Study Sheds Light On How CO2 Affects Bumblebees

Entomologists have disclosed how the application of carbon dioxide influences the reproduction of bumblebees in a groundbreaking investigation.

While many beekeepers are puffing clouds of CO2 into a hive to calm the colony, scientists apply the substance to sedate various insects. However, little is known about the substance’s other effects on insects.

A team of researchers headed by Prof Etya Amsalem from Pennsylvania State University (Penn State) aimed at finding out how carbon dioxide seems to bridge the hibernation period of bumblebees to trigger the queens’ reproductive process.

Picture shows a male specimen of an early bumblebee (Bombus pratorum) landing on an Echinacea purpurea flower, undated. It can be found throughout Europe, except for the Iberian peninsula. (Bernie Kohl, NewsX/Bee)

The entomologists found that CO2 first induced a change in metabolism which then triggered secondary effects on reproduction.

The experts published their study – which stands in drastic contrast to previously determined hypotheses – in Insect Biochemistry and Molecular Biology, a scientific journal.

Prof Amsalem – who researches at Penn State’s College of Agricultural Sciences – said: “Previously, it was believed that CO2 directly affected reproduction, but this study is some of the first evidence showing this is likely not the case.

“We found that CO2 changes the way macronutrients are stored and reallocated in the body. The fact that the reproductive process is then kickstarted is just an artefact of these processes.”

There are more than 250 different bumblebee species in the world. Like other insects, they have suffered a decline in population due to climate change, the application of pesticides and construction-induced habitat loss.

Since bumblebees are busy pollinators, they play an important role in ensuring balanced ecosystems. A colony can consist of between 50 to 400 animals and a queen.

Bumblebees collect nectar. However, they do not convert it into honey. Their small nests are active between spring and autumn.

The colonies die in late fall while new queens hibernate during winter in small holes just beneath the surface to establish another colony during springtime.

Bumblebees are mainly found in higher altitudes or latitudes in the Northern Hemisphere. However, South America is also one of their habitats, according to a fact sheet compiled by US American broadcaster PBS.

For their study, the scientists carried out a two-phase experiment.

Firstly, they wanted to better understand the physiological effects of carbon dioxide on bumblebee queens.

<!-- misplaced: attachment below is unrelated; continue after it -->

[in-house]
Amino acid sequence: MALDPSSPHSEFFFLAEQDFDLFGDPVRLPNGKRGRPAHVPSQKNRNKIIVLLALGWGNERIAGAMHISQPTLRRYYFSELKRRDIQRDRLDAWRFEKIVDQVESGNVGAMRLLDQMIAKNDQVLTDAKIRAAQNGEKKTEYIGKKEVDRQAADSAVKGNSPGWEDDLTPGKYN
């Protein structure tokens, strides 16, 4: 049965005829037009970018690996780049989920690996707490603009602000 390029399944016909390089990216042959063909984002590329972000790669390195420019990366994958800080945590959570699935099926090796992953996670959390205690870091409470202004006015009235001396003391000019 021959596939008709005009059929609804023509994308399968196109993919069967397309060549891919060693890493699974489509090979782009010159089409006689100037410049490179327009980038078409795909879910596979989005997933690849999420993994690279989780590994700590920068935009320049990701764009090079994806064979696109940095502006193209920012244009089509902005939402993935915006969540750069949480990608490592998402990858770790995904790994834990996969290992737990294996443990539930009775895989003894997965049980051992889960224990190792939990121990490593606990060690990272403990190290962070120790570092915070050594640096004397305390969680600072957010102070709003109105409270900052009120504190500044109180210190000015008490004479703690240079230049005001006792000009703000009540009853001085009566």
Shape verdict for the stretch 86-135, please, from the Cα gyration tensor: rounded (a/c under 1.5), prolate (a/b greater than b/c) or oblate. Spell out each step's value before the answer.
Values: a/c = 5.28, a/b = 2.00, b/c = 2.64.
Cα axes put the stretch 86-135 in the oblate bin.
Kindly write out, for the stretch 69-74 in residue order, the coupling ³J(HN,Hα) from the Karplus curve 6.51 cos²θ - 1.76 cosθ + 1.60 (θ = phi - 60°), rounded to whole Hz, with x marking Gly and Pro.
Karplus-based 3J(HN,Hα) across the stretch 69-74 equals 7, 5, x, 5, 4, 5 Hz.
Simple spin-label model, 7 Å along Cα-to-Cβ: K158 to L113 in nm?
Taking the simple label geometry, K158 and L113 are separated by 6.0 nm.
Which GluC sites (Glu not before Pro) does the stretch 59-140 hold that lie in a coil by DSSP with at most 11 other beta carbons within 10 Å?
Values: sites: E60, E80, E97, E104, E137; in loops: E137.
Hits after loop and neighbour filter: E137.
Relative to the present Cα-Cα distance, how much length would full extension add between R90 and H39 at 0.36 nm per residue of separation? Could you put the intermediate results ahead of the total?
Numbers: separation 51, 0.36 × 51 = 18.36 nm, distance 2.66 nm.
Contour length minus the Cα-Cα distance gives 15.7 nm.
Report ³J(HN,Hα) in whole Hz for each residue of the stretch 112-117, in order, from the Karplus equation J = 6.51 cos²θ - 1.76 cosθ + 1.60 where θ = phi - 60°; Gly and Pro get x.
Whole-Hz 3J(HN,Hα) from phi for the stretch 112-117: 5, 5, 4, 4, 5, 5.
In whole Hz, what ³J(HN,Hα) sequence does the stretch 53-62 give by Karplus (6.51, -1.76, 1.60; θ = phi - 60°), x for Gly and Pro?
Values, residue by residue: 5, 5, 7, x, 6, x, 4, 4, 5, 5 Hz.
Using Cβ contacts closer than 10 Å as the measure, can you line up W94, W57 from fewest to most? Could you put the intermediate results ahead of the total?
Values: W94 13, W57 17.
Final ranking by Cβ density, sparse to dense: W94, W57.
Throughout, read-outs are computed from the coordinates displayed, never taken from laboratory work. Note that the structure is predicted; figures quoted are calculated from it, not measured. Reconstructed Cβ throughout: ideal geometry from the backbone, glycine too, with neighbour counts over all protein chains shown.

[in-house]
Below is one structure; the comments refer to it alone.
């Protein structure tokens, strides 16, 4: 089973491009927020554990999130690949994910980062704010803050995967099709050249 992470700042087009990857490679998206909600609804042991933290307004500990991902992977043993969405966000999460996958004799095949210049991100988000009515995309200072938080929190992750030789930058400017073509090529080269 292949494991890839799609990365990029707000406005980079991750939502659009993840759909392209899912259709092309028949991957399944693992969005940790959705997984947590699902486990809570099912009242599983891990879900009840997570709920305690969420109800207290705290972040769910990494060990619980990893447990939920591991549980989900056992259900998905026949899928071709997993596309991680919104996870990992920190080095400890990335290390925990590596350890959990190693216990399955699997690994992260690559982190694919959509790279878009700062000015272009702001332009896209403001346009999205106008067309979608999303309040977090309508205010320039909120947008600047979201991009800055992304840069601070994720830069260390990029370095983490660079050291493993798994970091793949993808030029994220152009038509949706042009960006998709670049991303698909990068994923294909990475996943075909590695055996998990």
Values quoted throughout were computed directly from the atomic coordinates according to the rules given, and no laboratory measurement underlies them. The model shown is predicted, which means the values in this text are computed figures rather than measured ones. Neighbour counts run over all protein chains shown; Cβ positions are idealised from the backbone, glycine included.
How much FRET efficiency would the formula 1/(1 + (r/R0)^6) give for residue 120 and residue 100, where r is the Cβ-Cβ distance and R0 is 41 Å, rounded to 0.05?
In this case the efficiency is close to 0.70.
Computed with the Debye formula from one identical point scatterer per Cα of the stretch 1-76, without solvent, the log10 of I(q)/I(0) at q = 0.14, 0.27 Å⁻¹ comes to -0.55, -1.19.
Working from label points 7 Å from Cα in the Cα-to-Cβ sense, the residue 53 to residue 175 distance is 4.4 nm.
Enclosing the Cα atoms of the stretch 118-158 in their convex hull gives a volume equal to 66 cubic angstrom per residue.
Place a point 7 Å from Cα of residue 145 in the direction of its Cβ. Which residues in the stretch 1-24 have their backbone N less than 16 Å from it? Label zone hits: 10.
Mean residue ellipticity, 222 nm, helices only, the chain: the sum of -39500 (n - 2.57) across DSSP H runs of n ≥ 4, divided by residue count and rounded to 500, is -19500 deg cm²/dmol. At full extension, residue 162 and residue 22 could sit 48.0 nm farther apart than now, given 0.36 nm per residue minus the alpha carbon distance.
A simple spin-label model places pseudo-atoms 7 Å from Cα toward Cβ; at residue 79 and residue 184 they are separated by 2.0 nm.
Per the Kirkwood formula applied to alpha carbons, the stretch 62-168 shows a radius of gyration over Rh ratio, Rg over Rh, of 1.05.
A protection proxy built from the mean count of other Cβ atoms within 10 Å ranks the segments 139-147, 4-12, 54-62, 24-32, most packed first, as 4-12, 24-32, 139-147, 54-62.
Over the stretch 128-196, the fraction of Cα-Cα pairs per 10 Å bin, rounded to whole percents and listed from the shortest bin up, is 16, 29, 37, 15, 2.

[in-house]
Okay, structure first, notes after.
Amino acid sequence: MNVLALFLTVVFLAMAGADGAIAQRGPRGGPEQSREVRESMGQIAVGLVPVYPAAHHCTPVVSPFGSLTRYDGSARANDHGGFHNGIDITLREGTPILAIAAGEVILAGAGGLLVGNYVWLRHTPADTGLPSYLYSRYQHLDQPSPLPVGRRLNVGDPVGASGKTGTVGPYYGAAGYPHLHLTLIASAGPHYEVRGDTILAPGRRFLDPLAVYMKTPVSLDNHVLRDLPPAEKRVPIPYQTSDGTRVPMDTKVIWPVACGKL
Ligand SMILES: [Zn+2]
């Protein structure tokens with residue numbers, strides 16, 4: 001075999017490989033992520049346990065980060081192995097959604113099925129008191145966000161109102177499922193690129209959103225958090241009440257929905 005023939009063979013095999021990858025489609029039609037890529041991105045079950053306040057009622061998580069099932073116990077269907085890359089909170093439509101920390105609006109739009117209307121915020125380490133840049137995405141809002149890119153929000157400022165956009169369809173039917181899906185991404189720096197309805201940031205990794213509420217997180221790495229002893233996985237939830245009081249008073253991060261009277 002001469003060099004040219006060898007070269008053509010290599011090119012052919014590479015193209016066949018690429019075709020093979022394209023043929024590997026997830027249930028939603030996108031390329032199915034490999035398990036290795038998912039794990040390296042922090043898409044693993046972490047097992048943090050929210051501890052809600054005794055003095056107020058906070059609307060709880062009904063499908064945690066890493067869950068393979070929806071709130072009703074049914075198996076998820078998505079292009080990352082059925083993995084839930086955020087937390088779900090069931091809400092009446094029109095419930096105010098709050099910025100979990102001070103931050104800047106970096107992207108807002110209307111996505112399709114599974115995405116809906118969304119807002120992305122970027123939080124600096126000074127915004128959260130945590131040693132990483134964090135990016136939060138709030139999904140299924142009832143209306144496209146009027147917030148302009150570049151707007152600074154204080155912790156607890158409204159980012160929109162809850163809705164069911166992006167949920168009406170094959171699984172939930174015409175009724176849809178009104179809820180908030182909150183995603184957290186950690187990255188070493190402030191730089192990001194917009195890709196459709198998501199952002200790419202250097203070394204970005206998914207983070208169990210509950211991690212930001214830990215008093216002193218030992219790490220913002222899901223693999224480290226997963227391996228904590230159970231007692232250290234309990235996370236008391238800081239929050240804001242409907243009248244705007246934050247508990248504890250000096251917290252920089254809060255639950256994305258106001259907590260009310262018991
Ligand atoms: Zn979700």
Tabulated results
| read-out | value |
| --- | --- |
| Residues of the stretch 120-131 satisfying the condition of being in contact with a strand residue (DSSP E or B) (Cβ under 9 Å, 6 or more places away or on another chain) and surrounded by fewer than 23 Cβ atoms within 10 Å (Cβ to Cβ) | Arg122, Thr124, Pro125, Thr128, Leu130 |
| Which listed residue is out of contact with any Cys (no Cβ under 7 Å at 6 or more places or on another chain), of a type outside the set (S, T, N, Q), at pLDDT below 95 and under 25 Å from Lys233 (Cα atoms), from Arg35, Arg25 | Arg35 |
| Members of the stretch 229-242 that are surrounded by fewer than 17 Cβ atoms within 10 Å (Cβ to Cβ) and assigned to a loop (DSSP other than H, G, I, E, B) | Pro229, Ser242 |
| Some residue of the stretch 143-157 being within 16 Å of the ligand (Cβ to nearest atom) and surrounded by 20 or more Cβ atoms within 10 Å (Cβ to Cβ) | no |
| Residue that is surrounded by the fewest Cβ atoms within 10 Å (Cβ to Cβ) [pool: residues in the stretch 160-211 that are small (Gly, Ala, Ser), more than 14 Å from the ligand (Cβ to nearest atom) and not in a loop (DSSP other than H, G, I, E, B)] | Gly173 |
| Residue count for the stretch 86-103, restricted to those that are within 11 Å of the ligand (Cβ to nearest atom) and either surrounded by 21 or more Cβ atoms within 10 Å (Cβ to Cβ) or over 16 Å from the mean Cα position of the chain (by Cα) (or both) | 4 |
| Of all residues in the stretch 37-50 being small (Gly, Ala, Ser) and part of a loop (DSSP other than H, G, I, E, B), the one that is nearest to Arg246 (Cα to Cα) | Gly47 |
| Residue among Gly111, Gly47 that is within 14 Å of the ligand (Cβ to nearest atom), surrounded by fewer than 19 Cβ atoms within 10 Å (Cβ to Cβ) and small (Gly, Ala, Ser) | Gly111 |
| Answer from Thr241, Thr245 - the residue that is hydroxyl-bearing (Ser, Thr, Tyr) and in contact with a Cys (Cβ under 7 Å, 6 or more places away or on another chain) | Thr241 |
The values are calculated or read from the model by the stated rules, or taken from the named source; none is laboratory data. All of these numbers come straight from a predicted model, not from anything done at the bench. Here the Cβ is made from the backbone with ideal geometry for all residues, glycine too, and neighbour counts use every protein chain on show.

The insects were split into two groups. While one collection remained untreated, the other got exposed to CO2.

The experts examined the bumblebees right after the treatment as well as three and 10 days later.

Each time, they investigated the ovaries and measured macronutrient concentrations in several tissues to determine any kind of changes to their metabolism.

Prof Amsalem explained: “The queens treated with CO2 exhibited higher levels of ovarian activation than untreated ones. Treated queens also experienced a shift in macronutrient allocation, with fewer lipids in the organ known as the ‘fat body’ and greater glycogen (a stored form of glucose) and protein in their ovaries.”

Prof Amsalem and her colleagues then used CO2 to treat two additional groups of queens to establish how carbon dioxide affects metabolism and reproduction.

While one group had their ovaries removed, the other one had been treated with a juvenile hormone antagonist.

According to the scientists, this antagonist reduces the levels of juvenile hormone which regulates reproduction and accelerates metabolism in bumblebees.

The scientists assumed that this substance was important to the way carbon dioxide could affect the insects’ physiology.

This time, they found that the bumblebees which had their ovaries removed experienced a similar change in macronutrients to bees in the control group which still had their ovaries.

This suggests that carbon dioxide first affects the metabolism since those insects which did not have their reproductive organs anymore experienced the same effect.

Furthermore, bumblebees which had been treated with the juvenile hormone inhibitor did not exhibit these metabolic effects. This suggests the role of this hormone in mediating the effects of carbon dioxide.

According to the researchers, the findings are fundamentally important when it comes to trying to understand how CO2 exposure affects any kind of insect.

Prof Amsalem concluded: “CO2 has many different impacts on insects, so as scientists we’re trying to find an effect they all have in common so we can find the precise process or mechanism that is creating these effects.”


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